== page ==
In the mood for war

Looks like world is gearing up for a major conflagration:

  • Israel is now striking Iranian military targets in Iraq (the first Israeli strike in Iraq since 1981).
  • China’s top official overseeing Hong Kong affairs has described the protests as a “color revolution” and apparently suggested that the PLA could be deployed.
  • India has decided to revoke the autonomous status of Muslim-majority Jammu and Kashmir, a move that Pakistan deems illegal.
  • “Turkey has threatened to re-open the floodgates of mass migration to Europe unless Turkish nationals are granted visa-free travel to the European Union.”

Better get to work on that home fallout shelter…

De-escalation

Nuclear apocalypse averted on the Indian subcontinent:

Pakistan finally handed over a recently captured Indian fighter pilot after an inordinate seven-hour delay, allowing him to walk across the Wagah border on Friday night. Prime Minister Imran Khan had announced on the floor of the National Assembly on Thursday that Wing Commander Abhinandan Varthaman would be released as a “gesture of peace.”

The release of the pilot proved to be a significant de-escalation measure, coming days after Indian Air Force (IAF) fighter jets crossed into Pakistan and bombed an alleged “terror camp” of the militant group Jaish-e-Mohammed (JeM). Pakistan retaliated with air strikes on Wednesday morning, bombing some open areas next to Indian military installations along the Line of Control (LoC) on the Indian side. Varthaman’s aircraft was scrambled from Srinagar air force base and engaged the Pakistan Air Force (PAF) jets before being shot down. The air attacks came in the wake of a terror attack that led to the death of 40 Indian policemen in Pulwama, Indian-administered Kashmir.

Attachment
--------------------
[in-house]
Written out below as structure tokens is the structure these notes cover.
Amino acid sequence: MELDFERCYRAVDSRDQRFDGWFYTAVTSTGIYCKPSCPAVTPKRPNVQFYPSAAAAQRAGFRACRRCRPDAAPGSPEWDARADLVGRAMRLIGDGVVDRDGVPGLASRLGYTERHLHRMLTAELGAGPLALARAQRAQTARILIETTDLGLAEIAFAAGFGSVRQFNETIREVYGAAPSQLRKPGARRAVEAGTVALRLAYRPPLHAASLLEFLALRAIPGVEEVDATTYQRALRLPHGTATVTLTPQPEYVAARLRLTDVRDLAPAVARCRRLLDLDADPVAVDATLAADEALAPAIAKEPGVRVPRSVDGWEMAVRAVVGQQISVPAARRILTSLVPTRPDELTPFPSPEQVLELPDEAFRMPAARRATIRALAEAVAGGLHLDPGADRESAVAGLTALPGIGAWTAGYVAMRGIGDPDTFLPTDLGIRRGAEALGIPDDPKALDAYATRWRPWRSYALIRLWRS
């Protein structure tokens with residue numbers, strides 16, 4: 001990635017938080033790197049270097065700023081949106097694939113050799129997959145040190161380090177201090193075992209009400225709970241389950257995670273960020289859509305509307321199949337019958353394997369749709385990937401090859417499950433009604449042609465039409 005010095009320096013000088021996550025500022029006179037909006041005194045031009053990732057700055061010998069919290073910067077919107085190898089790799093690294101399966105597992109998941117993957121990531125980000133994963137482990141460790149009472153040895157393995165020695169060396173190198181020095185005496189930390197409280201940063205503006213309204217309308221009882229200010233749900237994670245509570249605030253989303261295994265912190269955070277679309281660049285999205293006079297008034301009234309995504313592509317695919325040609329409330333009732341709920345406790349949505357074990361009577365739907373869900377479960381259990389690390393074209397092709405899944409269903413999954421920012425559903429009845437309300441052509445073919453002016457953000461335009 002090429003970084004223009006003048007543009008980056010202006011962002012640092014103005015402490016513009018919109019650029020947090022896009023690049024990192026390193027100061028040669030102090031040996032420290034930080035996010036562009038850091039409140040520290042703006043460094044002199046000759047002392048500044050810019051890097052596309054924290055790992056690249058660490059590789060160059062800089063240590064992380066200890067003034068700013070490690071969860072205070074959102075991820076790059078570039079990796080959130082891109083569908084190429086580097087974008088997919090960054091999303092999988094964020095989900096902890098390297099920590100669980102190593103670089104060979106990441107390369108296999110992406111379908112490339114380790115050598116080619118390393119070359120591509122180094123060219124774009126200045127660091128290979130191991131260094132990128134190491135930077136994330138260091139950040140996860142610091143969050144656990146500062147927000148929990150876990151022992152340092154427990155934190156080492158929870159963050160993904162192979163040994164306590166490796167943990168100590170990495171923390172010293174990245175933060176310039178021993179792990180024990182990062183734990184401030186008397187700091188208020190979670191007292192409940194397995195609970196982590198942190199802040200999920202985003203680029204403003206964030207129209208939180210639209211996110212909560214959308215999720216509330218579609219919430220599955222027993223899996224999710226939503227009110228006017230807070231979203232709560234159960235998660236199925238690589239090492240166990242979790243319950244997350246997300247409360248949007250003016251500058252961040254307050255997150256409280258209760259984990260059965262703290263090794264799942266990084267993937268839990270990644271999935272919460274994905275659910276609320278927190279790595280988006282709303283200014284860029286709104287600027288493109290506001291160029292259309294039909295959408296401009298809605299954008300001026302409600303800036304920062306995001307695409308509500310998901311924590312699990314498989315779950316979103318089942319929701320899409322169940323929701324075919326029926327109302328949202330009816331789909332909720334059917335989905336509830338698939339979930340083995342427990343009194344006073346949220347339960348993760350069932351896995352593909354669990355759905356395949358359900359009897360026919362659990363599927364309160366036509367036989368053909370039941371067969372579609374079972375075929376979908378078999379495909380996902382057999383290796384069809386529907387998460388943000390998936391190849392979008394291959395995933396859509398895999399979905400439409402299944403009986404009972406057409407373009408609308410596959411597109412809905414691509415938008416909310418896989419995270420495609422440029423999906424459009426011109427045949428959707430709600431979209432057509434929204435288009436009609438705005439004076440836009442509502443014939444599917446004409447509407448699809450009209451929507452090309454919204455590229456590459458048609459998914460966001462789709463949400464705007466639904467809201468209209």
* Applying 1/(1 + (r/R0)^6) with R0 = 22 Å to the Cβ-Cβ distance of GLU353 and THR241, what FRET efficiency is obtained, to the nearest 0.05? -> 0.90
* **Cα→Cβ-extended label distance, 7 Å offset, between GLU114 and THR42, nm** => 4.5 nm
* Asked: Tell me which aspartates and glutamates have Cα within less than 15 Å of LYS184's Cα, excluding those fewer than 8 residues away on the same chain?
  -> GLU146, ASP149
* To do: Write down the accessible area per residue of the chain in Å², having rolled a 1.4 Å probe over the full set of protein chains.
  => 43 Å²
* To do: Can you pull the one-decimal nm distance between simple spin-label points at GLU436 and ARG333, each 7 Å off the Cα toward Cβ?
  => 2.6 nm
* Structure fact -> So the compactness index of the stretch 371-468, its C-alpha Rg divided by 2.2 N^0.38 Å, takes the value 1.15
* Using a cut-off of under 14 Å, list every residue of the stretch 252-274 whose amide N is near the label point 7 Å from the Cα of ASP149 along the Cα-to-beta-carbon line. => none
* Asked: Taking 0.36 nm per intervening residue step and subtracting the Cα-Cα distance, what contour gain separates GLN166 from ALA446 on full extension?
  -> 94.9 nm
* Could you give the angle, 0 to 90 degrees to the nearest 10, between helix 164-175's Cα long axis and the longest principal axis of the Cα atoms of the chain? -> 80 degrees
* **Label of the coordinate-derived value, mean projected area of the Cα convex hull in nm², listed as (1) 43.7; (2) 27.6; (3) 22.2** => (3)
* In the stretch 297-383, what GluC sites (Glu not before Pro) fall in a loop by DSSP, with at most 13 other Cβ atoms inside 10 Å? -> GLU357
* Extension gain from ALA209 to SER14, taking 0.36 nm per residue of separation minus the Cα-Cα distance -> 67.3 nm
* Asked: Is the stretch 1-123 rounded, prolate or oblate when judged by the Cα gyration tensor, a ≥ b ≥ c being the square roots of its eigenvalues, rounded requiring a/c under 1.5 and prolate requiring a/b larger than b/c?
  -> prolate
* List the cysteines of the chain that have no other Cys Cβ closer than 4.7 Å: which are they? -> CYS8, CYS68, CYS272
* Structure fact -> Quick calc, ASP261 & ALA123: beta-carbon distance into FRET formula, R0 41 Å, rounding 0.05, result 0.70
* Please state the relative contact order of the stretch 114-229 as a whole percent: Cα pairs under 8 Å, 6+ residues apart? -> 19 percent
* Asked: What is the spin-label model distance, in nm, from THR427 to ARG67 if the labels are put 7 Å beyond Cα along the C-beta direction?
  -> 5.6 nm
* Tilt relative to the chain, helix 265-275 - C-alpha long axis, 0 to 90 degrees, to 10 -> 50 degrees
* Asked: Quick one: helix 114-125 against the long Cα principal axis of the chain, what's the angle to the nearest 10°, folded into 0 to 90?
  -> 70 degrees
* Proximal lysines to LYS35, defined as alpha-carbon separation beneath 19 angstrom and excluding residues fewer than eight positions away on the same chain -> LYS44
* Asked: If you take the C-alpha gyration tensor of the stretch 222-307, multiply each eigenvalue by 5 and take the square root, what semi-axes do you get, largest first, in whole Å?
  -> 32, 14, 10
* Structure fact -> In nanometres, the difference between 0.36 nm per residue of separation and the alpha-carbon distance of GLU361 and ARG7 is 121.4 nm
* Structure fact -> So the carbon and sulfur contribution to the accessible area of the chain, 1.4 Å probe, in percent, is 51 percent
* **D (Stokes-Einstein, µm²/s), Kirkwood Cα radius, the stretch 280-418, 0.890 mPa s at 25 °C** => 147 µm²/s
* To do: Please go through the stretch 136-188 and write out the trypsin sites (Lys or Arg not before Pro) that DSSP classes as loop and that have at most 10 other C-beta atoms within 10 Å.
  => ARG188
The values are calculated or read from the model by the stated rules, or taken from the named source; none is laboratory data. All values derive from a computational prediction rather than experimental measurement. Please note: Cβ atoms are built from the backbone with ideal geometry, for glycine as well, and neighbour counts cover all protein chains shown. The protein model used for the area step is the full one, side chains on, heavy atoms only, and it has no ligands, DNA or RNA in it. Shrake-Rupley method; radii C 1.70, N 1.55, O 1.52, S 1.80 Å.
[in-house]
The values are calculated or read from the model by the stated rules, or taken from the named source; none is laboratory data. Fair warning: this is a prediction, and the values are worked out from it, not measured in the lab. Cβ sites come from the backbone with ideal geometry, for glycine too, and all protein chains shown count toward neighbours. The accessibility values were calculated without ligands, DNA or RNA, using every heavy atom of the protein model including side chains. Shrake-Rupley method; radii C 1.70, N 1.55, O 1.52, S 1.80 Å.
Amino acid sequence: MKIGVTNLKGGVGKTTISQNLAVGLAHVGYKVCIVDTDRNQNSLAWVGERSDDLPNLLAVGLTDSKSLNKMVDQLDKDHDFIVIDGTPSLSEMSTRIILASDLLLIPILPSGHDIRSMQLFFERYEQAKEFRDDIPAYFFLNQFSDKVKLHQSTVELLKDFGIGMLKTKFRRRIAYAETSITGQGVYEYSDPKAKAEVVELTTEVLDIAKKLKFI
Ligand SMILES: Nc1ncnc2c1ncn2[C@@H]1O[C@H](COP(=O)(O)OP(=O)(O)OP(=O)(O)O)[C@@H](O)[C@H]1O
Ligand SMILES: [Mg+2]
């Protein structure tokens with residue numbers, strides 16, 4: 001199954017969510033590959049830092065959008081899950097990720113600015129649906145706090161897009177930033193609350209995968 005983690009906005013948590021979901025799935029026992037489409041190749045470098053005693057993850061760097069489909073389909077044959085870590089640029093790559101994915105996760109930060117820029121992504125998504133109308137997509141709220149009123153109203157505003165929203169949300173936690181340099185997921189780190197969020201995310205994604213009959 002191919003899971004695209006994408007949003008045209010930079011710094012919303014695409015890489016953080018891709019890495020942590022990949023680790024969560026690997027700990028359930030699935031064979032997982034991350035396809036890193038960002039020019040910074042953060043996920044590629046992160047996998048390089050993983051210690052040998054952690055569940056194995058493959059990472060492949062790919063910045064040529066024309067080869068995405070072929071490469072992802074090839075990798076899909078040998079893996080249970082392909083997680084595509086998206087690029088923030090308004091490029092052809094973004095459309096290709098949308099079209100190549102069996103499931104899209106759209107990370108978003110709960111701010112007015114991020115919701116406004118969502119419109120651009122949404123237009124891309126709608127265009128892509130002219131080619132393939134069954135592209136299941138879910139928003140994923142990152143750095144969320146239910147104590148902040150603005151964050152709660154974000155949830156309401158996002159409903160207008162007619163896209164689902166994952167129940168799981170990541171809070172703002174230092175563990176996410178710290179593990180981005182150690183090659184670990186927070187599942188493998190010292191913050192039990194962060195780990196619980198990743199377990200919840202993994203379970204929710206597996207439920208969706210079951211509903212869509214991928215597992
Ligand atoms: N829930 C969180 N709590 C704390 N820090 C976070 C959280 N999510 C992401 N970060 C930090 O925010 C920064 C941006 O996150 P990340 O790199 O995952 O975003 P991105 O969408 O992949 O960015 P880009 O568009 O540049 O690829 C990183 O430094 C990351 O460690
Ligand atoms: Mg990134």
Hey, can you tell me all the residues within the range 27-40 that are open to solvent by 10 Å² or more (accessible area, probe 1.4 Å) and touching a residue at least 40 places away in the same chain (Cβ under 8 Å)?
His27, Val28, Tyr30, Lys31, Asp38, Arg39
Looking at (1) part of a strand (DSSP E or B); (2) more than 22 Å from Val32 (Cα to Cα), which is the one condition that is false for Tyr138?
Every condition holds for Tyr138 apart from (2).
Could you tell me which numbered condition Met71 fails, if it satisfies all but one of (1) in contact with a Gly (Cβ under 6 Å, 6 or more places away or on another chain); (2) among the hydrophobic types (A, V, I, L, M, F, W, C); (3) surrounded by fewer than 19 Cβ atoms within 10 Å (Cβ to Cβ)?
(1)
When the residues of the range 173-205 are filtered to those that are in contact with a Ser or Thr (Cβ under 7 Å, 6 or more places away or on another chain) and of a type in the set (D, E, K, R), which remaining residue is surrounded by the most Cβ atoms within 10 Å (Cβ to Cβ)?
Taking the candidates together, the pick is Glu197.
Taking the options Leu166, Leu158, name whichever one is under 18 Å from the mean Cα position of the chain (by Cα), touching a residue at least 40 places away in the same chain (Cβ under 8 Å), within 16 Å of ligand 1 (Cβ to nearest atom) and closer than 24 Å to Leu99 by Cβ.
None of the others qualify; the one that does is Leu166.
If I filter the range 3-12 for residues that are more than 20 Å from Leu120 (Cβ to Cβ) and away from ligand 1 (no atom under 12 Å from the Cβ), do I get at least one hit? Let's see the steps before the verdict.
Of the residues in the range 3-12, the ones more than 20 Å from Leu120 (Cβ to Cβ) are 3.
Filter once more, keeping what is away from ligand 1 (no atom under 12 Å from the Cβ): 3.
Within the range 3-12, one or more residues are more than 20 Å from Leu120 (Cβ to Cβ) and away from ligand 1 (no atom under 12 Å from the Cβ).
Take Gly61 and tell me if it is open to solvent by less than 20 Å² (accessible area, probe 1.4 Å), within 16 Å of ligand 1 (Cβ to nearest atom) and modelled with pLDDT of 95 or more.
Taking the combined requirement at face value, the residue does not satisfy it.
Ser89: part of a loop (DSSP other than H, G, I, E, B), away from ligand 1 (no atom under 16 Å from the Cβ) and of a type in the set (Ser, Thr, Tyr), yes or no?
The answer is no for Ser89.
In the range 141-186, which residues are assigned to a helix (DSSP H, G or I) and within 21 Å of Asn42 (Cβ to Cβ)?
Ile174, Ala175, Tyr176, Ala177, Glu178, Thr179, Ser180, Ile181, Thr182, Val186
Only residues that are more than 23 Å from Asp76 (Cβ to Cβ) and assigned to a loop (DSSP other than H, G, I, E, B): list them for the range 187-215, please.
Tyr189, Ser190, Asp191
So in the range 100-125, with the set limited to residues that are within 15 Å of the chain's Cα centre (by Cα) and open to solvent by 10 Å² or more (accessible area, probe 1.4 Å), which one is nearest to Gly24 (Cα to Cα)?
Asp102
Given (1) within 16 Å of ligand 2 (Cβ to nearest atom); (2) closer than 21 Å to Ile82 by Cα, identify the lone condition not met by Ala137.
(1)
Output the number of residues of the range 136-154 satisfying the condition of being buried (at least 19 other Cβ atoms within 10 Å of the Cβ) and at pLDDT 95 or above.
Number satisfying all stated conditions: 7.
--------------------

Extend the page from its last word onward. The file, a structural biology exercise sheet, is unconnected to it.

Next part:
The outcome was definitely a happy one for the pilot:

He was captured by the Pakistani military soon after being assaulted by some local residents. “I am happy to be back to my country,” he said to Indian officials waiting anxiously before he was whisked away to board a flight to Delhi. He will have to undergo a detailed debrief, IAF officials told Asia Times.

According to Pakistani media reports, Varthaman was confused about his location before being found by the local residents. They chased him for half a kilometer, and he fired a few shots with his service pistol to dissuade them, before jumping into a pond. “He was trying to swallow some documents and drown the rest when the locals caught up with him,” eyewitnesses said. The locals had started beating him up when Pakistan Army soldiers arrived and took him away.

A free hand

Looks like India and Pakistan could be on the brink of all-out war:

Prime Minister Narendra Modi gave the Indian military a “free hand” to act regarding the time, place and how they want to move forward after Pakistan violated the Indian airspace earlier on Wednesday, according to sources. The decision was taken at a high-level security meeting with all three Service Chiefs.

With a sharp spike in tensions between India and Pakistan following an airspace violation across LoC, Modi on Wednesday met service chiefs and National Security Advisor (NSA) Ajit Doval at his residence at 7 Lok Kalyan Marg, New Delhi, to discuss the prevailing situation at the border areas in Jammu and Kashmir. The meeting came hours after Pakistan on Wednesday intruded into Indian airspace in Jammu and Kashmir’s Nowshera and Poonch sectors of Rajouri district and captured one of its pilots.

Yeah, that’s alarming.

Ruh-oh

Things are heating up between India and Pakistan:

Pakistan said it shot down two Indian aircraft from inside its airspace Wednesday and launched strikes inside Indian-controlled Kashmir, one day after India sent jets into Pakistani territory for the first time since 1971 and dropped bombs there.

The tit-for-tat aerial strikes marked the first serious military escalation between the two nuclear-armed rivals in two decades, although it did not immediately appear that either attack had caused any casualties. Both countries claim the Himalayan Kashmir region, which is divided by a militarized “Line of Control.”

Pakistan’s Foreign Ministry said its air force strikes were aimed at “non-military targets” to avoid human loss and damage, and that their sole purpose was to “demonstrate our right, will and capability for self-defense.” It said Pakistan has “no intention of escalation, but we are fully prepared to do so if forced.”

Hopefully cooler heads will prevail. It’s safe to say the world does not need a shooting war between two nuclear powers right now.